Two years ago Shelby Feugate was a 20-year-old who never wore her seat belt.
“I thought they were uncomfortable and I just didn’t like them,” Feugate said. “I never thought I’d get into a crash.”
Feugate spoke from a wheelchair Wednesday, May 14 at a Kansas Department of Transportation (KDOT) news conference at the Shawnee Police Department. Feugate says she never wore a seat belt until after the crash that cost the use of her legs. In 2012, a car she was driving was struck by another vehicle on the passenger side. The other driver was wearing a seatbelt and walked away; Feugate suffered a spinal cord injury that made her a paraplegic.
“I went to a rehabilitation center for two months to learn how to live life in a wheelchair,” Feugate said. “What I miss most about my life before is being spontaneous. Now I have to plan everything in advance, even just to go out.”
In May, the Kansas Highway Patrol and sheriffs and police departments, including the Gardner Police Department, will be working overtime to catch drivers who are not buckled up.
“Given the choice between a crash death notification and writing a seat-belt ticket, any law officer would much prefer the latter,” said Shawnee Police Sgt. Jim Baker. “Making a death notification is one of the hardest parts of being an officer, especially when simply buckling up would have saved a life.”
The extra enforcement is part of a larger, national Click It or Ticket mobilization that runs May 19 – June 1.
Gardner officers will begin additional enforcements related to Click It or Ticket on May 19.  Local drivers can expect increased police presence on city streets as the Gardner Police Department joins 150 other law enforcement agencies in aggressively enforcing Kansas occupant restraint and other traffic laws. Specifically, officers will be enforcing both the Safety Belt Use Act and the Child Passenger Safety Act.
These laws require that all occupants must be appropriately restrained.  Law enforcement officers can stop vehicles and issue tickets when they observe front seat occupants, or children under the age of 14, riding without proper restraint.  Occupants, ages 14 and over, are cited individually.  In the event that a passenger under the age of 14 is observed to be unrestrained the driver will be cited.  Children under the age of four must be secured in an approved child safety seat.  Children, ages four through seven, must be securely belted into an approved booster seat unless taller than 4-feet, 9-inches or heavier than 80 pounds.  Children, ages eight through 13 must be safety-belted.   In addition, the act prohibits persons under the age of 14 from riding in any part of a vehicle not intended for carrying passengers, such as a pickup bed.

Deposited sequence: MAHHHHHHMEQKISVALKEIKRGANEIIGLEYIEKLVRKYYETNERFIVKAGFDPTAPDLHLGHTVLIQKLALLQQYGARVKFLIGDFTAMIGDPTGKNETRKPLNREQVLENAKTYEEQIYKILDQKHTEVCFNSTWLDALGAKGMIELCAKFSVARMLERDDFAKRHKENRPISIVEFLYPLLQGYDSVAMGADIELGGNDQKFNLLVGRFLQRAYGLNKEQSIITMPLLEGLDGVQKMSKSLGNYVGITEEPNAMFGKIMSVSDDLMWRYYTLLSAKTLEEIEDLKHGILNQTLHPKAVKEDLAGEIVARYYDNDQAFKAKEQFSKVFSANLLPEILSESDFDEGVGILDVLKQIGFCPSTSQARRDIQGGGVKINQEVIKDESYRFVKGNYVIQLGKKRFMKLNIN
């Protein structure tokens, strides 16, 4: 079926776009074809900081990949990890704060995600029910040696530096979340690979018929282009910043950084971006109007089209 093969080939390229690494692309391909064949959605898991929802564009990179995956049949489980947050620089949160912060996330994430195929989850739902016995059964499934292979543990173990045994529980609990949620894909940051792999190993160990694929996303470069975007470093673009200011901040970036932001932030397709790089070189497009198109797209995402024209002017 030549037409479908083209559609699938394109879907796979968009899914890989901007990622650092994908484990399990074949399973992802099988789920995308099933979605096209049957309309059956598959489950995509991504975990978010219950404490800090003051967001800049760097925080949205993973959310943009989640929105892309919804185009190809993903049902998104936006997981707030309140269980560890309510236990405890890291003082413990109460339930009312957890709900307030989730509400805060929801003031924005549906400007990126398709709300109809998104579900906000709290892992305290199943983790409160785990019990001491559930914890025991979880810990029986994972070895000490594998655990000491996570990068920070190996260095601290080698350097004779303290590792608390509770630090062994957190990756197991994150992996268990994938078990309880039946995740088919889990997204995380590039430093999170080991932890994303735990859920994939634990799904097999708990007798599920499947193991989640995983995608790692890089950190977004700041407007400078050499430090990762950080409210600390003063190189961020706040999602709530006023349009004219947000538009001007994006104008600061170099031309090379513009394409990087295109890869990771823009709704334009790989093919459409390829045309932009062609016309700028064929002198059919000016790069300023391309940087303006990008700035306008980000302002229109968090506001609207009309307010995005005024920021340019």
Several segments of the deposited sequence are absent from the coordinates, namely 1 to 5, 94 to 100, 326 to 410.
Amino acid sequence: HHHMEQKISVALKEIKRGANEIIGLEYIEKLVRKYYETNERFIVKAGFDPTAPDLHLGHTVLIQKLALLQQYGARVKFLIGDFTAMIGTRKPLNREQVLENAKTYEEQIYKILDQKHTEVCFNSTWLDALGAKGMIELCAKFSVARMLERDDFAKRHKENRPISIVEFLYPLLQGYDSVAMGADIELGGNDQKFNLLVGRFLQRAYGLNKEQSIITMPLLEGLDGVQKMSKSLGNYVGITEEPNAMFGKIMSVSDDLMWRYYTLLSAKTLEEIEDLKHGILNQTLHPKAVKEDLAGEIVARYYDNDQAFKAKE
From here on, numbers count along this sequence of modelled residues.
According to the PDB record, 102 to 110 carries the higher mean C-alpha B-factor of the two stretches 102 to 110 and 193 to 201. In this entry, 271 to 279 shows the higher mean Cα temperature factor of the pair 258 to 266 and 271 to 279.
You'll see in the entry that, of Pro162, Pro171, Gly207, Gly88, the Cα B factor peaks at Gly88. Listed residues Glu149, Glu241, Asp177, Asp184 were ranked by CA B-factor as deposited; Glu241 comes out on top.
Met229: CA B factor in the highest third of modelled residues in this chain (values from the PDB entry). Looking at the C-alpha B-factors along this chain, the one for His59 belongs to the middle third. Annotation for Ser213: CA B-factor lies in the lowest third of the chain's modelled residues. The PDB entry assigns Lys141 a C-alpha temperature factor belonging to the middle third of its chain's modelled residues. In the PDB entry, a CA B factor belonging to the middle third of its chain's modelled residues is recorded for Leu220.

“Memorial Day weekend kicks off the summer vacation season, and we want everyone to arrive alive,” Baker said. “Just buckle up, or you will receive a ticket.”
Kansas law allows that law enforcement officers can stop any vehicle simply for a seat-belt violation. No other violation needs be observed. Baker said enforcement will focus on younger motorists, pickup trucks and nighttime motorists. National statistics show crash fatalities in these categories are more likely to be related to failure to wear seat belts than other categories.
Jenny Scheve, a former trauma nurse who now speaks for ThinkFirst of Kansas City, an injury prevention program, says the biggest challenges with unbelted crash survivors are head and spinal cord injuries.
“The body cannot regenerate damaged brain or spine cells,” Scheve said. “Crash victims who were not wearing a seat belt are the most difficult cases, medically for the treatment staff and emotionally for family and friends. Lives are changed.”
Chris Bortz, KDOT Traffic Safety manager, said Kansans are below the national average in seat belt use. In 2012 Kansas had a 79.5 percent usage rate, which is 39th in the country, compared with 86 percent in the rest of the United States.
“To save lives, we’ve created a new message that Kansans will see on television and online,” Bortz said. “The message emphasizes that you will be stopped and you will get a ticket if you don’t wear a seat belt. In Kansas it’s the law. Click it or ticket.”
The aim of the KDOT grant program is to drastically reduce the number of preventable deaths and injuries that occur when unbelted drivers and passengers are involved in traffic crashes.
According to KDOT’s Traffic Safety Office, almost half of those killed in crashes are not belted in, while 98 percent of crash occupants who suffer no injuries of any kind are belted in.
Unrestrained vehicle occupants involved in a crash have about an 8 percent chance of not suffering an injury in a car accident.